Thomas Cushing

Benjamin Franklin Esqr

Addressed: To / Benjamin Franklin Esqr  L L D / London

[Note numbering follows the Franklin Papers source.]

8Also to John Adams, who had not been mentioned but who saw the letters on March 22, and to others as well. See Butterfield, ed., Adams Diary, II, 79–81, and our next note.

9On April 20 Cushing repeated his request to take copies, but it was much ado about nothing. The original letters and copies in John Hancock’s possession, he reported to BF on June 14, had been laid before the House; secrecy was gone.

1The missing letter of Oct. 27, 1772, referred to in the opening of BF’s letter above of Jan. 5, about the grievances of Massachusetts.

2The governor’s and judges’ “Independency” was of the legislature; see n. 4 below on the petitions from the House. The Dockyards Act (12 Geo. III, c. 24) made the burning of a naval vessel in a dockyard a felony punishable by death and, if the crime was committed in the colonies, gave the king the option of bringing the accused to England for trial. Gipson, British Empire, XII, 28–9. This statute, like the earlier move to revive the Treason Act (above, XVI, 248), was disturbing because it was Parliamentary interference with the subject’s right to be tried in a local court.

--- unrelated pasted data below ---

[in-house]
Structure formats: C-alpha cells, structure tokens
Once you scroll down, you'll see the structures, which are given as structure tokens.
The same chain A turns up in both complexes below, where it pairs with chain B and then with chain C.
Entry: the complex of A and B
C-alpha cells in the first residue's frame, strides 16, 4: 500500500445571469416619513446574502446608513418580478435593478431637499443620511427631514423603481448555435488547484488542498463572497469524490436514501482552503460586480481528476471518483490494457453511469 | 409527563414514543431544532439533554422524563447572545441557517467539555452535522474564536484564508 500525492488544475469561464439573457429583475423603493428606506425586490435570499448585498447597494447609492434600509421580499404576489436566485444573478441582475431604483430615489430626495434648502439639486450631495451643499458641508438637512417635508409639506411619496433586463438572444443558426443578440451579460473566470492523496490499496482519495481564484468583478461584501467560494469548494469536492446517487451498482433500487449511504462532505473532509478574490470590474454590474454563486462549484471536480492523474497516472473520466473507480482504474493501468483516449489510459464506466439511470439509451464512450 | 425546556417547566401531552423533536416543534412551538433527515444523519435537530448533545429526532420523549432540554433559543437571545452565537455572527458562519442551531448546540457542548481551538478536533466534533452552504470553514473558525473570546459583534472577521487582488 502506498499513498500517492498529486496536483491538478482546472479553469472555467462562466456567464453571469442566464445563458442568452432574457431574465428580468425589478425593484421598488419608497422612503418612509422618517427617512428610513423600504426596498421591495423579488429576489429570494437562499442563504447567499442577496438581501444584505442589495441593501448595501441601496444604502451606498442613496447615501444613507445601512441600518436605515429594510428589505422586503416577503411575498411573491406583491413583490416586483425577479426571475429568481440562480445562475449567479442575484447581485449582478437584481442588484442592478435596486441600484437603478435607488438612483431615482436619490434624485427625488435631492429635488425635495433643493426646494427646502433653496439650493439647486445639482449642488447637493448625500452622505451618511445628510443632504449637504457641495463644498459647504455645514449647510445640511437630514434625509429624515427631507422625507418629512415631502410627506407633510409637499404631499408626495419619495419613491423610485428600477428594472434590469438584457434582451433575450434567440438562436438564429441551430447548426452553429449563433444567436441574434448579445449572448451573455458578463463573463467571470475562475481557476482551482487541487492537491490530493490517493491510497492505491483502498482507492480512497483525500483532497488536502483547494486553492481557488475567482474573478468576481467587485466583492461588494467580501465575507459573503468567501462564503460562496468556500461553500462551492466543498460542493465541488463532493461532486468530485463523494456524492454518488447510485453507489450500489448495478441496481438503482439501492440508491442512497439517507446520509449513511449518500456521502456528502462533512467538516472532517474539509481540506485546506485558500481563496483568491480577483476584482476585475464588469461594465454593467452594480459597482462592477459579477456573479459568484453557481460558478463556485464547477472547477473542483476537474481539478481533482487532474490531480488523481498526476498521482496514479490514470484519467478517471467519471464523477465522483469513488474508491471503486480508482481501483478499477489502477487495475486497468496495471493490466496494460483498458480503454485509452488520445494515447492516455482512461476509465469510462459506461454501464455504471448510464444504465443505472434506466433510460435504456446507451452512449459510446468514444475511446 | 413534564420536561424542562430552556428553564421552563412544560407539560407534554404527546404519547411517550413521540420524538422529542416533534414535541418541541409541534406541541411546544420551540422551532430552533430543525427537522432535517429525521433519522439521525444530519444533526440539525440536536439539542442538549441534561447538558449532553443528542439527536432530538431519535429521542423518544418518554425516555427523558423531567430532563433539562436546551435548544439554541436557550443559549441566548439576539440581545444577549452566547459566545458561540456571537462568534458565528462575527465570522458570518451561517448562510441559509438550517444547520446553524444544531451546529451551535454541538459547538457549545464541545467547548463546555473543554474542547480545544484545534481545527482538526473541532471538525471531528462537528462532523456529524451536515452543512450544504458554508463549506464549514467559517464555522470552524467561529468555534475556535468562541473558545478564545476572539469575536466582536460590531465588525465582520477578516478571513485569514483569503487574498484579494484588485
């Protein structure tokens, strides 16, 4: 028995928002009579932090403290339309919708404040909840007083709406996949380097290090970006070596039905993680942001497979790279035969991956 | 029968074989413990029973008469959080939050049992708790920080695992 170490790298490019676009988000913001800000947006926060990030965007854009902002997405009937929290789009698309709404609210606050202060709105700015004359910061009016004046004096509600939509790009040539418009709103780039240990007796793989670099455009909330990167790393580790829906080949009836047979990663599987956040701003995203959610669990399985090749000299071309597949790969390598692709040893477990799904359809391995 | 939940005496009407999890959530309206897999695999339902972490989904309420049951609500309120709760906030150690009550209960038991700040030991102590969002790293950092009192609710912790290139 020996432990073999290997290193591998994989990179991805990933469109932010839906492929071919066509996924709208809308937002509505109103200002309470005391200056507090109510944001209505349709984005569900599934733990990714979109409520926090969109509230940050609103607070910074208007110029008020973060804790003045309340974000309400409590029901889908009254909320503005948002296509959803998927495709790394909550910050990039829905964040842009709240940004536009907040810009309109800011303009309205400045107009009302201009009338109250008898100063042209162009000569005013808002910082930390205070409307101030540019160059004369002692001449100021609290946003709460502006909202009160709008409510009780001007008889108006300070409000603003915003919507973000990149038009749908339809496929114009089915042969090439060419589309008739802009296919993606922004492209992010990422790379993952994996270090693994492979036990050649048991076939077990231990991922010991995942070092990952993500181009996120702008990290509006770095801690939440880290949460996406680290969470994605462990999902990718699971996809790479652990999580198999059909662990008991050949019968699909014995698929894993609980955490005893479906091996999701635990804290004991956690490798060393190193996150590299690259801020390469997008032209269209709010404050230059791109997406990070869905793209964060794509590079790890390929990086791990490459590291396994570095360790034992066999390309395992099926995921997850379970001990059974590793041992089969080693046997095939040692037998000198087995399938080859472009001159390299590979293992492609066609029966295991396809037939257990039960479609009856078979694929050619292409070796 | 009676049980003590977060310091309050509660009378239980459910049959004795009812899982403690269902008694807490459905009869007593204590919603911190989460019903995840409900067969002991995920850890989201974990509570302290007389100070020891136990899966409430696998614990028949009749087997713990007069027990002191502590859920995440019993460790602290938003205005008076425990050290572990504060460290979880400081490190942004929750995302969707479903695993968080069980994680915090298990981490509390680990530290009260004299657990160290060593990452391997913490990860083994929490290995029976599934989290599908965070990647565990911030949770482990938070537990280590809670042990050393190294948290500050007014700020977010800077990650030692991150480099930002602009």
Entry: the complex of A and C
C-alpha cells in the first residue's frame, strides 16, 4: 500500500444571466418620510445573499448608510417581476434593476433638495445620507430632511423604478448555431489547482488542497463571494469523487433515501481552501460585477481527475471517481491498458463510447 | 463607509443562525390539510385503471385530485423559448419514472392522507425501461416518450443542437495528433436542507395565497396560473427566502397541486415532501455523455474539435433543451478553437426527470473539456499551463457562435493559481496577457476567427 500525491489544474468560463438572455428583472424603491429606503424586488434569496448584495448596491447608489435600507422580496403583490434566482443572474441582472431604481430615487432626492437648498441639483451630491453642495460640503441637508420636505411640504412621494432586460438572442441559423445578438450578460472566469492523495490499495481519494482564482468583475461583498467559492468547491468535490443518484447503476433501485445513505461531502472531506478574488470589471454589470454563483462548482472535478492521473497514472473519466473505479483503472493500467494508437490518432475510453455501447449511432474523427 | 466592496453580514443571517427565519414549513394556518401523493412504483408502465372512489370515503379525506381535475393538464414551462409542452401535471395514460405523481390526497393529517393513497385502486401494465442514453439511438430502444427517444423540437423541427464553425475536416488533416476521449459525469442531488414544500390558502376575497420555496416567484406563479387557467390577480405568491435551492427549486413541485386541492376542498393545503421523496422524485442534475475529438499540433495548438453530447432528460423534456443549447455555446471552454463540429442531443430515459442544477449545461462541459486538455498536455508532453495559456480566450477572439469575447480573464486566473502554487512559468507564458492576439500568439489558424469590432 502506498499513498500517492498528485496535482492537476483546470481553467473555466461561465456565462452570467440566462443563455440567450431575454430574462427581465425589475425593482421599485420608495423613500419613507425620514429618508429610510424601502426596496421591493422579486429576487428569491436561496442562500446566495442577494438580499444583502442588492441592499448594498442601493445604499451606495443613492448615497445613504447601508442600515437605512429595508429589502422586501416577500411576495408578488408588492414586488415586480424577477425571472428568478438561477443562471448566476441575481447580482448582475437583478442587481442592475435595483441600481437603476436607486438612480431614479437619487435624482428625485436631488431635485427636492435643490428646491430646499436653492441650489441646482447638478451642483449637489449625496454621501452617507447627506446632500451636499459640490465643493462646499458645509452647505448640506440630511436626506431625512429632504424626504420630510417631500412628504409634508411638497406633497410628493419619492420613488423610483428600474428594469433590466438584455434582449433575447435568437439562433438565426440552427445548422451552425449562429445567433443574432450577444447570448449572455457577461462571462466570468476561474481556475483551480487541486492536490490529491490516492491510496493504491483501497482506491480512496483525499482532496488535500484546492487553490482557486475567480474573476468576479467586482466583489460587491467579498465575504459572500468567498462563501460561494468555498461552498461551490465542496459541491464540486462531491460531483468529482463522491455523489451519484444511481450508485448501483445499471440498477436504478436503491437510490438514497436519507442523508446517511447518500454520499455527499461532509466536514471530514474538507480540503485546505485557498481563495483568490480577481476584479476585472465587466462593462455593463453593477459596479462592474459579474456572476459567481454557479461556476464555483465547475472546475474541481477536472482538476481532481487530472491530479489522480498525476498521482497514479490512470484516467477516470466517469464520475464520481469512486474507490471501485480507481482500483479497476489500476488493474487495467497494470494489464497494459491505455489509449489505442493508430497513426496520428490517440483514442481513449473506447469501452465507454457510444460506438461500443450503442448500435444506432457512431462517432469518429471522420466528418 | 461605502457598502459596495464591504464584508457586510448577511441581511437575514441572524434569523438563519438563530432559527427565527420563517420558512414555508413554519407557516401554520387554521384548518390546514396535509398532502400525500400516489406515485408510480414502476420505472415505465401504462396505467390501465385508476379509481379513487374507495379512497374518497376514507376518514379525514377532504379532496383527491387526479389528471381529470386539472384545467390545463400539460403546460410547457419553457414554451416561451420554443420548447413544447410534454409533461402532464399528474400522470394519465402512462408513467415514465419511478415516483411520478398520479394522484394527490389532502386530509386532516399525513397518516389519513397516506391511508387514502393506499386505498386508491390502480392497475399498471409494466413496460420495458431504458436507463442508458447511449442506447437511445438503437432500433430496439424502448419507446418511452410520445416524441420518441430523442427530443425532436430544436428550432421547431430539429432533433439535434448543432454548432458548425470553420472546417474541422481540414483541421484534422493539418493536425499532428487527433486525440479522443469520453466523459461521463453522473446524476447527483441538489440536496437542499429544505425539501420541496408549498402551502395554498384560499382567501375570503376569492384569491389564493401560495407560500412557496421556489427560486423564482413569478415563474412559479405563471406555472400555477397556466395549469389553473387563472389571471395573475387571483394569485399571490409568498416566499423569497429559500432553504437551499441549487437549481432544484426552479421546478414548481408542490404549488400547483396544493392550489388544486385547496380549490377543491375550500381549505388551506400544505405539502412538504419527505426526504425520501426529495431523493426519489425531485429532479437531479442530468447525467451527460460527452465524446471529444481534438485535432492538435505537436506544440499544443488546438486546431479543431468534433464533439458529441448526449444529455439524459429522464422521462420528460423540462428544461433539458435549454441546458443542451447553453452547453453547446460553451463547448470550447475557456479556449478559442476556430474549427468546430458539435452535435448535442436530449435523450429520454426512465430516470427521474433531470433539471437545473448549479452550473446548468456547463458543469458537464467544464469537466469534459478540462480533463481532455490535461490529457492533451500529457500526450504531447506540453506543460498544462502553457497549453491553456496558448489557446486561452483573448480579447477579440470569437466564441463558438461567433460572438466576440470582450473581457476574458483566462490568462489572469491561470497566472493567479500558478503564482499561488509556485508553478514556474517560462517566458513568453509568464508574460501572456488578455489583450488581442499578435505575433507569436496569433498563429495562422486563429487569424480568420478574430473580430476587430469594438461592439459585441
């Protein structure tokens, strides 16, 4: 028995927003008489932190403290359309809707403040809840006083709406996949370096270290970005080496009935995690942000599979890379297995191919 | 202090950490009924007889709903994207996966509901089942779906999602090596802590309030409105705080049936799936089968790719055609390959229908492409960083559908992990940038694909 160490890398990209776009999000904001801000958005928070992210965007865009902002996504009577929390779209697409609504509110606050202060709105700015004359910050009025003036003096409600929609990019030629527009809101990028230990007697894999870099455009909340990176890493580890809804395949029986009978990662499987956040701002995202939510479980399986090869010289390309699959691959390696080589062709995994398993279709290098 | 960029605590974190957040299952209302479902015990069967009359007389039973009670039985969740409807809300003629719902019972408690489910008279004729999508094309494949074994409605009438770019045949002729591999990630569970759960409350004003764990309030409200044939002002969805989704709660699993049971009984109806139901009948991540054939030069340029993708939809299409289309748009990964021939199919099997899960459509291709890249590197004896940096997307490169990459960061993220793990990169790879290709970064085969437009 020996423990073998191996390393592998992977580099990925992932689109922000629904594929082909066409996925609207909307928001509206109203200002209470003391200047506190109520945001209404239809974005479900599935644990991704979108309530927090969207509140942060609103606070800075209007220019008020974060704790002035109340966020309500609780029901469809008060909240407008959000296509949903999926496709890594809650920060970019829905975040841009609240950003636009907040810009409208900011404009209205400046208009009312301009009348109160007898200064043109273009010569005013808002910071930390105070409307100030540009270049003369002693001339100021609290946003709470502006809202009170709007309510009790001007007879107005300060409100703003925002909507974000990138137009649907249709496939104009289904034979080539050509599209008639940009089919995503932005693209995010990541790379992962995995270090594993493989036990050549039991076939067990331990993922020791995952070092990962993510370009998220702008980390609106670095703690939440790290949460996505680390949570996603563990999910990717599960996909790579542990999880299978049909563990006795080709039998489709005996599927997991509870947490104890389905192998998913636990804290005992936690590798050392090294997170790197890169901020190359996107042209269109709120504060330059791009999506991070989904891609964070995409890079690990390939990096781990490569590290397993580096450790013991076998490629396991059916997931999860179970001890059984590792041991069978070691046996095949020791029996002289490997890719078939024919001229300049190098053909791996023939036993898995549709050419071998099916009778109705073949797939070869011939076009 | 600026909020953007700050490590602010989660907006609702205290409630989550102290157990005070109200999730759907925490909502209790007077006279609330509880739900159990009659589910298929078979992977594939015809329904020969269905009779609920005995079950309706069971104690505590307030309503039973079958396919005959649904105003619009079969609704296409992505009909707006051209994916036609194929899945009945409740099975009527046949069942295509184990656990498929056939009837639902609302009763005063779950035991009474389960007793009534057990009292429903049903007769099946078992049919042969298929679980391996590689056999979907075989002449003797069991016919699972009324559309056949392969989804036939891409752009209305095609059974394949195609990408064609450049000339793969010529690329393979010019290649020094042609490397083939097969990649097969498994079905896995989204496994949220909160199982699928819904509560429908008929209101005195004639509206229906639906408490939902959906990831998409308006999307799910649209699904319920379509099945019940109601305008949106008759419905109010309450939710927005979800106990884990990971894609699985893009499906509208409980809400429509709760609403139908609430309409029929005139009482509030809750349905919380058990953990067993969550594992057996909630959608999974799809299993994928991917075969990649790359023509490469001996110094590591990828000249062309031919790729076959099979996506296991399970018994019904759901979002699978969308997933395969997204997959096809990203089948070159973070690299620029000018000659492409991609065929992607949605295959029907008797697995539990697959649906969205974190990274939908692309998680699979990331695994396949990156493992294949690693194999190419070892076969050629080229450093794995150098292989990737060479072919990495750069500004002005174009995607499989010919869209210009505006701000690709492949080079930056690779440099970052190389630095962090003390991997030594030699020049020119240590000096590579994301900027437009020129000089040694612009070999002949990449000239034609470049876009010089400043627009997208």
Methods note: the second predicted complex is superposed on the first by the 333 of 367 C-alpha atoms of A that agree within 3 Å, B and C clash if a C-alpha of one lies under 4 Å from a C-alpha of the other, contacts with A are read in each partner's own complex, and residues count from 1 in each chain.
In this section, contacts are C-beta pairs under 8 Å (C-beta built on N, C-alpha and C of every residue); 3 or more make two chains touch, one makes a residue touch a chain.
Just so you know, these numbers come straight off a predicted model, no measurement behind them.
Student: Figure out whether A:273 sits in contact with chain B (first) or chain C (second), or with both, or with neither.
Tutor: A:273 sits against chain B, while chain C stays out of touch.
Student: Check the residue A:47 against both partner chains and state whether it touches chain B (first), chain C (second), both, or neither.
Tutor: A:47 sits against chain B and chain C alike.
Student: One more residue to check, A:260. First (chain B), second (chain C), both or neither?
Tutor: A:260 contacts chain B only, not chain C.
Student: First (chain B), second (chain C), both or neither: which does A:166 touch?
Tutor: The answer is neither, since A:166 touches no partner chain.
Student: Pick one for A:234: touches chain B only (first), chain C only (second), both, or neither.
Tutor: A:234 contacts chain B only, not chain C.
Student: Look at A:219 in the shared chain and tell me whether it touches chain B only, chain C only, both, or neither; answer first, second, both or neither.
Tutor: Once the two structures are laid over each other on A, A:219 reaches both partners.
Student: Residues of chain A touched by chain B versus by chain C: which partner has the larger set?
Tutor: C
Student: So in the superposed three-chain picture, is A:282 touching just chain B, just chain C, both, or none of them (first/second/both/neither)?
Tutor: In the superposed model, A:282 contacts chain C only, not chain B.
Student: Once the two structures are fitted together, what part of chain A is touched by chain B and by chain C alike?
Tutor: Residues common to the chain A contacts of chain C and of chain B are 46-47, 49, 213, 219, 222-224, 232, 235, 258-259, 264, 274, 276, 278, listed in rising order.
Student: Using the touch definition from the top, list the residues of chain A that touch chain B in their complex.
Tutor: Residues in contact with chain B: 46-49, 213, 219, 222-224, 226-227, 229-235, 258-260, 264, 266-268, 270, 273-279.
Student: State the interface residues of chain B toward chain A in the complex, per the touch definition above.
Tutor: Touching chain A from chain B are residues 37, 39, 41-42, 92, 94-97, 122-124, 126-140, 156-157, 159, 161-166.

3Cushing is answering Dartmouth’s argument, as reported in BF’s letter of Dec. 2, against forwarding the Massachusetts petition of the previous July, and is using much the same terms as BF’s to the Minister; see above, XIX, 409–10.

4For BF’s handling of the July petition see ibid., pp. 410–11. The second petition, dated March 6, 1773, applied to the judges the same argument that the earlier one had applied to the governor: the charter authorized the legislature to support government by levying taxes, and the judiciary was part of government; royal salaries would make the judges completely dependent on the crown, especially while they held office only during the king’s pleasure, and would thereby endanger the impartial administration of justice on which the community’s well-being depended. The accompanying letter to Dartmouth was, as Cushing says, a full enumeration of grievances; see Gipson, op. cit., XII, 56–7. The texts of the two documents are in the Lee Papers, roll 2, frames 141–6. For Whitehall’s reaction see Dartmouth to BF below, June 2.